From Responsible Consumers to Producers of Online Content

I could not be more pleased with the reception to my latest piece at Smithsonian on spotting fake news and its implications for how we teach history. It has been shared over 50,000 times on Facebook and other social media platforms and it led to an interview with The Washington Post for a related story. With all the attention on spotting fake news and problematic websites it is important to remember that we are only addressing half of the problem. [click to continue…]

Barton Myers Delivers Fredericksburg Keynote Address

Yesterday my friend and fellow historian, Barton Myers of Washington and Lee University, delivered the keynote address as part of the 154th anniversary of the battle of Fredericksburg. I delivered this address back in 2008. The National Park Service does a phenomenal job each year commemorating the battle and Professor Myers was certainly an appropriate choice for this year’s keynote speaker. [click to continue…]

What Did They Call Steve Perry (Eberhart)?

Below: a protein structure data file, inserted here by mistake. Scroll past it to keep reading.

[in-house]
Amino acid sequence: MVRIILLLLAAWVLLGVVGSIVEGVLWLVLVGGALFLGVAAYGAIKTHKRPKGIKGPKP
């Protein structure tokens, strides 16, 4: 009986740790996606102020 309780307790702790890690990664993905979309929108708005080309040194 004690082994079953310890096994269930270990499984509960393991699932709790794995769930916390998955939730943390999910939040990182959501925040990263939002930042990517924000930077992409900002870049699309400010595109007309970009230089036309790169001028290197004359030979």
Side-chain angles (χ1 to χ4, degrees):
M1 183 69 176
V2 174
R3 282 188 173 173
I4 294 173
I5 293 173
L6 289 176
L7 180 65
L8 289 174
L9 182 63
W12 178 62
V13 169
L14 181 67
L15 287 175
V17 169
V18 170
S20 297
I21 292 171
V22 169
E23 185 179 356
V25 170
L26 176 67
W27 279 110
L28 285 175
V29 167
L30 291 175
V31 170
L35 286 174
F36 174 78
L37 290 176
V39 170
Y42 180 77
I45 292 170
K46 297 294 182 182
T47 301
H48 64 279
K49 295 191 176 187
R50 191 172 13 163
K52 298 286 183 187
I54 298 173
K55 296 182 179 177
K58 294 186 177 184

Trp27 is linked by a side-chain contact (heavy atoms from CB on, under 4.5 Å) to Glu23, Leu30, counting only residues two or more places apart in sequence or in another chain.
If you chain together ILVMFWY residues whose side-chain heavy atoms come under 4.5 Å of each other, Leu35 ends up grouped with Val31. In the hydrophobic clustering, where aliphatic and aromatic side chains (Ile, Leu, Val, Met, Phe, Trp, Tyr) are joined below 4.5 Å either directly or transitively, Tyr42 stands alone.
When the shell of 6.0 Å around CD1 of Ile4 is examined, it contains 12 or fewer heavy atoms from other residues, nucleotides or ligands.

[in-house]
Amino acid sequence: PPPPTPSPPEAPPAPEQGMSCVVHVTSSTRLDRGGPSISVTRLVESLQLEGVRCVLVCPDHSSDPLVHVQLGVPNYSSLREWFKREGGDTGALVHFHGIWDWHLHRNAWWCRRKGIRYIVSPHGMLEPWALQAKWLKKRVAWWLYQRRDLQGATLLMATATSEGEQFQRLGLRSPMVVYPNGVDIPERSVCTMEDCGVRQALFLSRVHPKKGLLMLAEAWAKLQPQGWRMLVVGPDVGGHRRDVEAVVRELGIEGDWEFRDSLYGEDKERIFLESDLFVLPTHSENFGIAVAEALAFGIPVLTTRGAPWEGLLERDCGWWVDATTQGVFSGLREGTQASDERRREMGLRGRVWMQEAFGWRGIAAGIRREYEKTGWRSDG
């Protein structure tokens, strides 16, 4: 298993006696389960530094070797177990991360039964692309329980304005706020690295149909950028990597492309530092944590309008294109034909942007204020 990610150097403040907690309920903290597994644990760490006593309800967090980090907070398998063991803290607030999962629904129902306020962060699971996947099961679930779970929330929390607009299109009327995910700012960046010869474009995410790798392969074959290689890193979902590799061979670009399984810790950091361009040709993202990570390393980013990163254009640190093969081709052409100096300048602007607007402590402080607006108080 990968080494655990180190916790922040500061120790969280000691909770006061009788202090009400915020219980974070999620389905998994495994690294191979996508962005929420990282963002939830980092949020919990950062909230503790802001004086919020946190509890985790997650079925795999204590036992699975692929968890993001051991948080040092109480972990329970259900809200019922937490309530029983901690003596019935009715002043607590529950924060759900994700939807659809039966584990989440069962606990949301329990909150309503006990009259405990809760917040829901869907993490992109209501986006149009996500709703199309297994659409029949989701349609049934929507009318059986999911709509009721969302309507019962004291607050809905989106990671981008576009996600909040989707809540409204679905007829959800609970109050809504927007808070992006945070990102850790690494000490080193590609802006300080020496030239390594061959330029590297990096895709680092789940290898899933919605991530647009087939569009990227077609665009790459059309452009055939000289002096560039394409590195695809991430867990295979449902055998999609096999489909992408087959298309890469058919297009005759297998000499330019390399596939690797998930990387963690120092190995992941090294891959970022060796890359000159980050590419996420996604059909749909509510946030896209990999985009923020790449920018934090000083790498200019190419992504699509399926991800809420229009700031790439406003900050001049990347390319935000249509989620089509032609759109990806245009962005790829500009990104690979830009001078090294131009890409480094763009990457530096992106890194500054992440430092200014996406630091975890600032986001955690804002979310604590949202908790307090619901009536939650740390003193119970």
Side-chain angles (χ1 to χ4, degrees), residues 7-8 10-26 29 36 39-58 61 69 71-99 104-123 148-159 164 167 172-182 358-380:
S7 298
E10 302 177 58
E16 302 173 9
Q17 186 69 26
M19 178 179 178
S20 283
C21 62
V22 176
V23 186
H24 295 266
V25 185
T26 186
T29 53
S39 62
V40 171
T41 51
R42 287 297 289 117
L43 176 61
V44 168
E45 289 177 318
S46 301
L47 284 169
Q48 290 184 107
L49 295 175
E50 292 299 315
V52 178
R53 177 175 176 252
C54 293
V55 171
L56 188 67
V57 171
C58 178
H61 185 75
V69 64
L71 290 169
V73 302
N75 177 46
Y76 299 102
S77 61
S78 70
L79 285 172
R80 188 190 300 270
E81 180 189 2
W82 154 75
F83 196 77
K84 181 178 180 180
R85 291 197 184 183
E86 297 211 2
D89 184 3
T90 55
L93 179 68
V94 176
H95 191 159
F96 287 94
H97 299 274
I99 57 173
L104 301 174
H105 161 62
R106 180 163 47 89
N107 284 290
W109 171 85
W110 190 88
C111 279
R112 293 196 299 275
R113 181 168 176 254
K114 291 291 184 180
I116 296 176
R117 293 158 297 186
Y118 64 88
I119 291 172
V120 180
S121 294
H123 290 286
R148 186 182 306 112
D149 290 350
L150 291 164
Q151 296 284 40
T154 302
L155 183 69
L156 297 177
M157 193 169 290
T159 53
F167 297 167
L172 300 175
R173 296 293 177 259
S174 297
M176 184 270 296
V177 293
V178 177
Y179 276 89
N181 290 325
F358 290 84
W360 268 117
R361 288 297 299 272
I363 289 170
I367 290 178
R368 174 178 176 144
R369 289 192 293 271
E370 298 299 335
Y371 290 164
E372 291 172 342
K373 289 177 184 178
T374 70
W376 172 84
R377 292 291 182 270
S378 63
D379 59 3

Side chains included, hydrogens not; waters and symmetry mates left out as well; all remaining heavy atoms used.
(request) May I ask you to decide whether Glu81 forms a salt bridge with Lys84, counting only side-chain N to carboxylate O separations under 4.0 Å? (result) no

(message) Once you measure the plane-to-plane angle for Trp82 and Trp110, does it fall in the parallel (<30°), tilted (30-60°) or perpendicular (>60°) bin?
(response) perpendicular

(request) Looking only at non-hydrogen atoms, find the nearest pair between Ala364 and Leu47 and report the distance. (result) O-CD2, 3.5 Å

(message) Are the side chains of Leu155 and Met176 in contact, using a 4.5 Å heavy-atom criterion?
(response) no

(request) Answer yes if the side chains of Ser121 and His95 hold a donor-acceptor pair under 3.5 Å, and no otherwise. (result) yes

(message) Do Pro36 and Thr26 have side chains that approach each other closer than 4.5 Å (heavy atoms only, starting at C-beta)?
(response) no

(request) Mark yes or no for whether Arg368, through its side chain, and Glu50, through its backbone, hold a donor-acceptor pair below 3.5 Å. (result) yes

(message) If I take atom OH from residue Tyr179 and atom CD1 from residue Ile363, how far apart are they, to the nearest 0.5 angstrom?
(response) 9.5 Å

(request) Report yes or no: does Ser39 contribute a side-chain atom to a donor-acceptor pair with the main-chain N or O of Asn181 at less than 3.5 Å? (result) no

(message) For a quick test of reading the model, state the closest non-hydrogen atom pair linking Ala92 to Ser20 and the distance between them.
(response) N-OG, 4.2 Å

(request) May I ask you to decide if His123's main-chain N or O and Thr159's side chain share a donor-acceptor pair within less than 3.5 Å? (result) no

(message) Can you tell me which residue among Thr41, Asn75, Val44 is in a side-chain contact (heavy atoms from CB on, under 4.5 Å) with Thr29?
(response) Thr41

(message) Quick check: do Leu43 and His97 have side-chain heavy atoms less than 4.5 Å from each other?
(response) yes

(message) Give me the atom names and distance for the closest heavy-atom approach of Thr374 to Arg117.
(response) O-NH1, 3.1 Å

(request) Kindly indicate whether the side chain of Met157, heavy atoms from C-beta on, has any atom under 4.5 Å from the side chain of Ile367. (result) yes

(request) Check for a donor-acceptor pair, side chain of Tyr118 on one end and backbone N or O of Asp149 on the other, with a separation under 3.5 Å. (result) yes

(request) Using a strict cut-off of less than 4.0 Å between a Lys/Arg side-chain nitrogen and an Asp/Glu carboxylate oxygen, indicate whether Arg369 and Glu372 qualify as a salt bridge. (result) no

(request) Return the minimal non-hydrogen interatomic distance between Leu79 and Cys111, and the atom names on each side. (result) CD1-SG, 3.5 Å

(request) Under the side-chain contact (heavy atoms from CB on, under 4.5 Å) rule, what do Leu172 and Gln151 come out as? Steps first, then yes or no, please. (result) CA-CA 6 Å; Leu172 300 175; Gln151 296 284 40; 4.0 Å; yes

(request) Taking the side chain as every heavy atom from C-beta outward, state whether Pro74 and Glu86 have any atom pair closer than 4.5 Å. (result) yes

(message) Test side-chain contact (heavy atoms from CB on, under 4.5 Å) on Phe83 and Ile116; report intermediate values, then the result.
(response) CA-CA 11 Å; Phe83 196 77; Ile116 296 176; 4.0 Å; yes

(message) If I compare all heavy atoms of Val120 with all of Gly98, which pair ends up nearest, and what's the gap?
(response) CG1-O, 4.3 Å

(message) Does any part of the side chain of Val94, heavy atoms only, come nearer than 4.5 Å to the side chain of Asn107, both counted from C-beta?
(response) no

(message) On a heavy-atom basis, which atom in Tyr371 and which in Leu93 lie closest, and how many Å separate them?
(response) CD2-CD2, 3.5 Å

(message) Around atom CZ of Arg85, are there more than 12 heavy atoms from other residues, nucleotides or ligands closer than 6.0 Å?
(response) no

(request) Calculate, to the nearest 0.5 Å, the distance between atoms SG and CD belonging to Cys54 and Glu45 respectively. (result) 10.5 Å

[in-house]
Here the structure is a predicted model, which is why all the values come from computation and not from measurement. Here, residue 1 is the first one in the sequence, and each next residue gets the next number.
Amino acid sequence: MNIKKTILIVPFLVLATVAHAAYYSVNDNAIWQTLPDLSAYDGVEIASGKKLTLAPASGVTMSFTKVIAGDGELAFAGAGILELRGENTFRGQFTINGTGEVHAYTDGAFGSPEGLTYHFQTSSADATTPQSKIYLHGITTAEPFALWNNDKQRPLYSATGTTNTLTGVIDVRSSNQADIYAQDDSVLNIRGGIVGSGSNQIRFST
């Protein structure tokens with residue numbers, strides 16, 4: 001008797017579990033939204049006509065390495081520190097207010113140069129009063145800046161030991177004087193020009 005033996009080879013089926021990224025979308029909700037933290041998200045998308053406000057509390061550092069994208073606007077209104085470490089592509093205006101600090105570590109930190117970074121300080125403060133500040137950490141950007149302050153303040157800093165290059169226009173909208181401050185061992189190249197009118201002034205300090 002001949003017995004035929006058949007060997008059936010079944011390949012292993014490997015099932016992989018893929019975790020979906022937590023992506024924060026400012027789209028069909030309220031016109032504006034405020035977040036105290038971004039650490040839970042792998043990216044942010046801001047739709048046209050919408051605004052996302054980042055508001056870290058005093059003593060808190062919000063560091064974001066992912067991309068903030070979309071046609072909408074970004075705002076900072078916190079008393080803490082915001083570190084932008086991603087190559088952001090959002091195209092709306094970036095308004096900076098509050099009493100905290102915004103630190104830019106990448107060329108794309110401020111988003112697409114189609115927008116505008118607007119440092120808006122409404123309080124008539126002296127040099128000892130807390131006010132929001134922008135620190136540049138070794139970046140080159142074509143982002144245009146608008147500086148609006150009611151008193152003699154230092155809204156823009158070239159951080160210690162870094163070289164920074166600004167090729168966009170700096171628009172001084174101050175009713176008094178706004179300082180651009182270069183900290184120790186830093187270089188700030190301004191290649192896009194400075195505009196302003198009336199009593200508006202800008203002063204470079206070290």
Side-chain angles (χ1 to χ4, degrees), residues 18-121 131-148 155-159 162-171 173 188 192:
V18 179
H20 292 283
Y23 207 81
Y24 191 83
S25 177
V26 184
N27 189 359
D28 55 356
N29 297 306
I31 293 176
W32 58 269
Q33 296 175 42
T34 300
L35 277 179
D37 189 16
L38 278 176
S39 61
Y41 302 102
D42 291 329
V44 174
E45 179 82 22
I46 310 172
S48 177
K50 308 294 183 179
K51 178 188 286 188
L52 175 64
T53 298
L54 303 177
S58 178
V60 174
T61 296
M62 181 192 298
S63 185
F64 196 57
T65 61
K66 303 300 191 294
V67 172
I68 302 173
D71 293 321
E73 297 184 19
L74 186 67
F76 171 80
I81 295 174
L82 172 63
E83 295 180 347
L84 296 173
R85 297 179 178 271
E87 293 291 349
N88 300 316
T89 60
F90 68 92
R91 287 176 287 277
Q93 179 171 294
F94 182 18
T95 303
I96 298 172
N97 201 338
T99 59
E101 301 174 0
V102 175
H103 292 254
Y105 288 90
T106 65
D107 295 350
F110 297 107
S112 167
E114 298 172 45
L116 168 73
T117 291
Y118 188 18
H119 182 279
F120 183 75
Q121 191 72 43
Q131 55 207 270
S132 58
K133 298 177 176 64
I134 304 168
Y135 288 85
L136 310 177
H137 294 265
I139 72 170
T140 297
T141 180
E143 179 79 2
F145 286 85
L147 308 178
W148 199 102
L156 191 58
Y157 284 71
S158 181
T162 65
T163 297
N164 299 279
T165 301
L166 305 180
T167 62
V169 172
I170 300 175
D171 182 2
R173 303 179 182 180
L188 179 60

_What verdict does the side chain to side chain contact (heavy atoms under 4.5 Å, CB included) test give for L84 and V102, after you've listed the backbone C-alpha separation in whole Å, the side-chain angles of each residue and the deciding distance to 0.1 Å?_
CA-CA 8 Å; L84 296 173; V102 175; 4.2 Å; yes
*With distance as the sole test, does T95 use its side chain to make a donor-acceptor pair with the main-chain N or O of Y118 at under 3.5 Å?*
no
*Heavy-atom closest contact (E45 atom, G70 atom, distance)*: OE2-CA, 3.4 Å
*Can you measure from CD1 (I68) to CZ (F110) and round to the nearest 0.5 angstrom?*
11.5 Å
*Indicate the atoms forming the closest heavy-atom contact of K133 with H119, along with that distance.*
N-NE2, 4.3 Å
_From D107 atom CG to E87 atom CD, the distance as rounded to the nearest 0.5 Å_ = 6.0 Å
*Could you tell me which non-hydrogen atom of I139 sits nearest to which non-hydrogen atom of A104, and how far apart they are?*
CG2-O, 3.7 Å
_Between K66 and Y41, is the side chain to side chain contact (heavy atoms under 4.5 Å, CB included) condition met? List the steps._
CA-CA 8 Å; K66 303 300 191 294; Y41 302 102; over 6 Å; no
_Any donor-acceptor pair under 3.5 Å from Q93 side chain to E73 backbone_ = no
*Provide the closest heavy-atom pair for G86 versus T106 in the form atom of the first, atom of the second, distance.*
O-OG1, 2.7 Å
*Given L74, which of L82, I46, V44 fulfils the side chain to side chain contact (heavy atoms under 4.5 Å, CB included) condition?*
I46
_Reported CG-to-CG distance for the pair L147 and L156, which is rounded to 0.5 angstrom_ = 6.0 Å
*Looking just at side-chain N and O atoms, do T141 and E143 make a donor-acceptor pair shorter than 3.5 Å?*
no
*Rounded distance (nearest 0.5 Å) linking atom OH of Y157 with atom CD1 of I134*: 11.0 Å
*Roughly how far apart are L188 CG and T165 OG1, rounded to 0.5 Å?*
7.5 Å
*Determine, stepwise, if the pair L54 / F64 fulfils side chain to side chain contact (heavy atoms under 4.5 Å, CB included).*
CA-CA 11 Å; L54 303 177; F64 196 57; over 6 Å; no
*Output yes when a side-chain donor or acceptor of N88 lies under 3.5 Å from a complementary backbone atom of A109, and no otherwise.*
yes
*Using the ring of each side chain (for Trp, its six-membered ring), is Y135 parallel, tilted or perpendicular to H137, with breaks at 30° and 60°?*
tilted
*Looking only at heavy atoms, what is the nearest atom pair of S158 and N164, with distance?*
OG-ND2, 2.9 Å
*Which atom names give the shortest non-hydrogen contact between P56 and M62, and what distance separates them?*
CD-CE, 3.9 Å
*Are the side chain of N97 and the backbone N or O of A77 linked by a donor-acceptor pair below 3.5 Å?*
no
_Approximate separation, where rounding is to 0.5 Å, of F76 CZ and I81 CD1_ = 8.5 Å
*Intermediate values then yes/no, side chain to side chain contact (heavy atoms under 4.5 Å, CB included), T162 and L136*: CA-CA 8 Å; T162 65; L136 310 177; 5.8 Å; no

Update: It looks like the individual responsible for this Facebook post does not appreciate my corrections nor does it appear she fully grasp how little she knows about the individual. Apparently, she believes that Perry and Eberhart are two different people. You can’t make this stuff up.

I picked up this little screenshot from one of the Facebook pages devoted to spreading the myth of the black Confederate. This is Steve Perry, who actually went by Steve Eberhart when attending Confederate Veterans’ reunions. Eberhart functioned as something akin to a stage name. He is the subject of chapter 3 of my black Confederates book and he is absolutely fascinating.

This screenshot and commentary is just another example of the presentism that advocates fall victim to as well as their basic ignorance surrounding the relevant wartime and postwar history when attempting to interpret the lives of camp slaves. So far I have yet to find a single reference to Perry as a “Confederate” or anything else that suggests that white Southerners viewed him or any other former camp slave as a soldier. [click to continue…]

The Decline of Civil War Round Tables

Update: I thought this editorial about the Augusta Civil War Round Table in Georgia was worth reading in light of the post and discussion below.

My good friend John Hennessy posted some thoughts earlier today about his recent experiences presenting in front of Civil War Round Tables. While John references the decline in membership and graying of those who have remained, he rightfully resists concluding that it reflects a lack of interest in history among young people or society in general. There is little evidence to justify such a conclusion. [click to continue…]